No one saw Sirhan get closer than two feet from RFK. No one ever saw him get behind Bobby’s head. The acoustics evidence showed 13 shots. There were more than eight bullet holes. Sirhan’s revolver held eight bullets.
The evidence was manipulated by a special police unit led by Manuel Pena, who intimidated witnesses and misconstrued the facts at every turn. Pena had been working on special assignments for the CIA for more than ten years.
The autopsy report showing the “one inch muzzle distance” was not given to Sirhan’s lawyer Grant Cooper until he had already stipulated to his client’s guilt.
Furthermore, Cooper was fatally compromised. The attorney was facing disbarment due to a controversy involving grand jury papers found on his desk while he was on a defense team representing Johnny Rosselli, a key player in the CIA-Mafia plots to assassinate Fidel Castro.
Cooper wasn’t about to rock the boat by putting the government on trial. He used a diminished capacity defense and ignored the second gunman evidence. It was no surprise that this anemic approach failed. Sirhan was convicted for first degree murder and was given life in prison. Why did Sirhan do it? Who were his compatriots? We, the people, learned nothing.
From the seventies onward, the progressive challenge was to fight against succumbing to apathy. Poverty in America went from bad to worse. The forces of military and intelligence took a momentary hit after Vietnam, only to proceed to double and redouble their formidable budgets.
Many progressive organizers were no longer willing to work in national politics – or politics at all.
George McGovern managed to obtain the Democratic nomination in 1972 – only to learn later on that his victory was the plan of the Nixon inner circle. Nixon’s people sabotaged the campaign of the more centrist Ed Muskie.
Remember Lucianne Goldberg – the woman who convinced Linda Tripp to convince Monica Lewinsky to hold on to the blue dress with Clinton’s DNA all over it? During 1972, she succeeded in the outing of McGovern’s vice presidential candidate Tom Eagleton for electroshock treatments, effectively destroying any chance the campaign had to overtake Nixon’s reelection machine.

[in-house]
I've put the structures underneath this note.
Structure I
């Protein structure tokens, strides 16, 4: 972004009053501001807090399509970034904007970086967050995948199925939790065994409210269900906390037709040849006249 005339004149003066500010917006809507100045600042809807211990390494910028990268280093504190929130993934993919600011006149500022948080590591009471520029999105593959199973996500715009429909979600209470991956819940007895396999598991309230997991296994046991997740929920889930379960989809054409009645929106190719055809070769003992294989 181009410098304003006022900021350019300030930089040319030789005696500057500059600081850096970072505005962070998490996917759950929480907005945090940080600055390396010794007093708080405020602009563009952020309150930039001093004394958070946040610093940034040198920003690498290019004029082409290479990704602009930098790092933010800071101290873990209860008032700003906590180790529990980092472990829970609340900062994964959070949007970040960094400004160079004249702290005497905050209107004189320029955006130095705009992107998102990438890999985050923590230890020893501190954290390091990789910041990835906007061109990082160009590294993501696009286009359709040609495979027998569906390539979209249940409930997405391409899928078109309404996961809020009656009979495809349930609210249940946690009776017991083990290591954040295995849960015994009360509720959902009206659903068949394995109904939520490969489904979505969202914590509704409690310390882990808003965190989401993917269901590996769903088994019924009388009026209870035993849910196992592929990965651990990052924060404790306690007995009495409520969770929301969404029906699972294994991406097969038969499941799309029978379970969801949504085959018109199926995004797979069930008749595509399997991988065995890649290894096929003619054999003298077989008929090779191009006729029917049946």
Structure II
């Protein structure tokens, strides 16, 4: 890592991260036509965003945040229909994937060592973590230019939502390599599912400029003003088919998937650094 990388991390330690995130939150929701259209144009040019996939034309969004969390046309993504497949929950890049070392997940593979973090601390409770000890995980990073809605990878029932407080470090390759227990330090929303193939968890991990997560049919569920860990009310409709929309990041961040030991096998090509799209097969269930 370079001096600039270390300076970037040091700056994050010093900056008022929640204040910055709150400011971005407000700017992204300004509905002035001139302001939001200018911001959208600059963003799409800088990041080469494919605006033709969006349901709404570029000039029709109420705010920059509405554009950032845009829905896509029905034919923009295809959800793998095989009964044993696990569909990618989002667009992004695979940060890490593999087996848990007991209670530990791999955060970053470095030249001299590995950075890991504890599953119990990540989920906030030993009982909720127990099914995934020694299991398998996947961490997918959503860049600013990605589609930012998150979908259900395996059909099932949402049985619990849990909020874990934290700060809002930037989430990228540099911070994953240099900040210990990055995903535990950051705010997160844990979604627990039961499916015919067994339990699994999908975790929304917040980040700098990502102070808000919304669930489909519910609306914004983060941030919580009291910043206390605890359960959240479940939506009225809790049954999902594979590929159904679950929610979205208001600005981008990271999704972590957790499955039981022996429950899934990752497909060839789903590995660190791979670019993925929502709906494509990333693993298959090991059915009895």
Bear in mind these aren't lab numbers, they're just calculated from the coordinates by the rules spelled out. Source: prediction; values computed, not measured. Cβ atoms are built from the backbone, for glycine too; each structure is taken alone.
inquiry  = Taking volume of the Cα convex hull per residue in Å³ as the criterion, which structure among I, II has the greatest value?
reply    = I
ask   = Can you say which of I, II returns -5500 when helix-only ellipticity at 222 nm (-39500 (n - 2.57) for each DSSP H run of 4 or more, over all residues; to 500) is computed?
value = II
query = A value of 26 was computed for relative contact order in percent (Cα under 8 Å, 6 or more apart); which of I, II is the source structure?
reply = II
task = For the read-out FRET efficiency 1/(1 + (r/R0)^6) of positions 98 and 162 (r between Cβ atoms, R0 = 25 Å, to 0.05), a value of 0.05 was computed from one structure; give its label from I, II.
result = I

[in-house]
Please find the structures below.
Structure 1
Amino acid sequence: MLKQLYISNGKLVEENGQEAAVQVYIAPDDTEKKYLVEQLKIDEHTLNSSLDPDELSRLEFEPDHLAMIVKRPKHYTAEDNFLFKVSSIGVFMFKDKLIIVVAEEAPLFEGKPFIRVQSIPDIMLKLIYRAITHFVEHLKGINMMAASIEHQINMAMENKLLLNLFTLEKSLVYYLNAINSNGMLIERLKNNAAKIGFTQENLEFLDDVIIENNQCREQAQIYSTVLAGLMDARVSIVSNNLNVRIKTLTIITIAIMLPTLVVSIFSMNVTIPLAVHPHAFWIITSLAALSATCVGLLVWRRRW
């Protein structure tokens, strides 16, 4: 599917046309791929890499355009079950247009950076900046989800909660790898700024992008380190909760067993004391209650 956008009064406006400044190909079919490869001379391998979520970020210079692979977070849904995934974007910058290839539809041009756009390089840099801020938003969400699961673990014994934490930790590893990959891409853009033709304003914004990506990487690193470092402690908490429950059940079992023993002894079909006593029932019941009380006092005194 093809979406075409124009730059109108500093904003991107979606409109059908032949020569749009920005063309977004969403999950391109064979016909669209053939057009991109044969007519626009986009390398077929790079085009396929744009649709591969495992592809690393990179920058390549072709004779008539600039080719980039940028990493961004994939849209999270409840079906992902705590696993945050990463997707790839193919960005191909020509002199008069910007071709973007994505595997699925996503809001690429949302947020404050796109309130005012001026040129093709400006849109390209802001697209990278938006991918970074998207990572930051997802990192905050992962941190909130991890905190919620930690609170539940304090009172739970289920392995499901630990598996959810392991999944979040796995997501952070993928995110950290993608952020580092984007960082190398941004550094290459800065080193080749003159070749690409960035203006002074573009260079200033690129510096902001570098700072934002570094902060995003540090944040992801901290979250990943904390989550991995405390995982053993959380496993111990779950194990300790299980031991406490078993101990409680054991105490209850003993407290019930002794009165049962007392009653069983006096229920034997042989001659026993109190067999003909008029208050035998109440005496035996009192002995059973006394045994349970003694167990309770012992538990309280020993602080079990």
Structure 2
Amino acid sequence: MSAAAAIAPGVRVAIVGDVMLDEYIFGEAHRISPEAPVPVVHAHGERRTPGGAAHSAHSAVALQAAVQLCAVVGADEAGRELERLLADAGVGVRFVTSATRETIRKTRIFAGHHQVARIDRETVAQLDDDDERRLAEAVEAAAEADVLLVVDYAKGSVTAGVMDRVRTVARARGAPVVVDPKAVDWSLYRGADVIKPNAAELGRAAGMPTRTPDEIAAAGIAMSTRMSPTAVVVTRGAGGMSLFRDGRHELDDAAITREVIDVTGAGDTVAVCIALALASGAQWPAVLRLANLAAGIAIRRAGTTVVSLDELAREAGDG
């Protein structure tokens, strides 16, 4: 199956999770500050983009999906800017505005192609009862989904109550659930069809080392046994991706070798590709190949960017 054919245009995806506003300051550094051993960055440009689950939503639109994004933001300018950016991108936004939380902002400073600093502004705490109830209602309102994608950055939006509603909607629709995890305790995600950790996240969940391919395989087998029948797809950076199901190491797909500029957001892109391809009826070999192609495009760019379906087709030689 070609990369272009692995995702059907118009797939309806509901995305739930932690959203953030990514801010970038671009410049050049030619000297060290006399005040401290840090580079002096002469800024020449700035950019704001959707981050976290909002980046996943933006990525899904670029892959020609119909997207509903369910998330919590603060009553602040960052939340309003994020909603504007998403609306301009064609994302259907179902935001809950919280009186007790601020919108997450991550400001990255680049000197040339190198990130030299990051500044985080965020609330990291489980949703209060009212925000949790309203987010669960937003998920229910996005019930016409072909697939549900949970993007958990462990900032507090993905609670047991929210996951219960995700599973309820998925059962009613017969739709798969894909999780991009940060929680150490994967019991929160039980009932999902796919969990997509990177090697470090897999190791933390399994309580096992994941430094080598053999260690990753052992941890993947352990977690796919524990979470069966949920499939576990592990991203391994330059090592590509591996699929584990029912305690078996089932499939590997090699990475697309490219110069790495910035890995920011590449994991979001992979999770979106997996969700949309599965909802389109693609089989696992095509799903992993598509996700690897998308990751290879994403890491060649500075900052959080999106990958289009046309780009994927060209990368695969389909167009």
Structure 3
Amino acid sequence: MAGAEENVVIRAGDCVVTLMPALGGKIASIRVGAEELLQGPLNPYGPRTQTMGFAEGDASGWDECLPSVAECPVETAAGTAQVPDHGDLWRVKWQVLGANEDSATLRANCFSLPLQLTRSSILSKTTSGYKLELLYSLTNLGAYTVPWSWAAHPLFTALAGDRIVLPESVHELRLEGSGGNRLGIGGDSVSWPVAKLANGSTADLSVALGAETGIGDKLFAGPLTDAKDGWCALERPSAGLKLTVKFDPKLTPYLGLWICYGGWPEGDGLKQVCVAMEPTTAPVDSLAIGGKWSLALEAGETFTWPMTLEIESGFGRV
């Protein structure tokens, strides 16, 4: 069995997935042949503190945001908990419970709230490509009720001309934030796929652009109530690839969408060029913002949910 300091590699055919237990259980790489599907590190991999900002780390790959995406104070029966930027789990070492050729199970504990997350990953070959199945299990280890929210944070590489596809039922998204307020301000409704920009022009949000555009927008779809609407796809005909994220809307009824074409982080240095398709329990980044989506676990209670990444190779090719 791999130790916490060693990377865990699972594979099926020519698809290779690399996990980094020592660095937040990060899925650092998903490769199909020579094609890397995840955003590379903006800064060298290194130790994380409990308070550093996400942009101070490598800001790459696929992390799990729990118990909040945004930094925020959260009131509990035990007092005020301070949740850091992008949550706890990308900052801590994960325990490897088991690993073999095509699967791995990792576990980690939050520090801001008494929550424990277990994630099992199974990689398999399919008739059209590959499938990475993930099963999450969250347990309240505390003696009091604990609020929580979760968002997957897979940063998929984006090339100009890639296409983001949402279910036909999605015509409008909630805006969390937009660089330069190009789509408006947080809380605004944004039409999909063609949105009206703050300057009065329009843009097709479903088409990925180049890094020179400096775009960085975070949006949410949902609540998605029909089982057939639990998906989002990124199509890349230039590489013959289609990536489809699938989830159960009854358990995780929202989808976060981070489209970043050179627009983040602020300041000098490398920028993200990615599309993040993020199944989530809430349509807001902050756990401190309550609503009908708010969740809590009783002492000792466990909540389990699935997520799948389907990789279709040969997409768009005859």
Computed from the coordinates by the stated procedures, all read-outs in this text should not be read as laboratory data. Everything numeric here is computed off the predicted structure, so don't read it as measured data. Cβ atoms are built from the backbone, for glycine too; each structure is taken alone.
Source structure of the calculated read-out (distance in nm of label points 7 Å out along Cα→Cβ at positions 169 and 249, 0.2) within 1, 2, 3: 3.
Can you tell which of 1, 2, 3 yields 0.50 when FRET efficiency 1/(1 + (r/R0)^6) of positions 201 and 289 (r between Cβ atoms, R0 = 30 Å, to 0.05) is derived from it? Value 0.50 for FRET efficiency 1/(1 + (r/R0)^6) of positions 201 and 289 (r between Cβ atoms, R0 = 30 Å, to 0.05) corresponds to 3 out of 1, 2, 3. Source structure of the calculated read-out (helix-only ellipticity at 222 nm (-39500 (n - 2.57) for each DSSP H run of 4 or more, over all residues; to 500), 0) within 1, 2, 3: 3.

There was a resurgence of progressive work in the 70s – steadily beaten down and marginalized by the strange terrors of the SLA, the Zebra Killings, and Jonestown. The strange deaths of Harvey Milk and George Moscone. The mysterious assassination of RFK champion Al Lowenstein, one of the only politicians questioning the cause of Bobby’s assassination.
All of these tragedies – from JFK’s death to the shooting of Reagan – had one thing in common: the determined incuriosity of the elected classes and the media. Any organized attempt to investigate these events was waved off as unpatriotic or scoffed at as paranoid.
The result was predictable: A country that no longer knows its history. A nation with little belief in progress, or even the notion of progress. A culture that can be readily manipulated by yet another shock or media event.
The shooting of leaders seemed to end with the shooting of Reagan. The strange events then shifted to “honey traps” – Gary Hart and Bill Clinton were just two men whose careers and reputations took a U-turn. Plenty of Republican and Democratic leaders were taken down in the process. A particularly virulent form of opposition research.
The underground economy of drugs became as large as the visible economy. Arms trading, secret wars, Iraq, Afghanistan – fueled by the powerful tools emerging from Silicon Valley – became the driver of employment. The economy of the middle of the country was hollowed out. Manufacturers fled to the Third World for fewer regulations and cheaper labor. Meanwhile, the cost of real estate on the coastlines of the US and Western Europe spiraled to undreamed-of heights.
Now, in 2018, economic dislocation is the order of the day. Like in FDR’s time.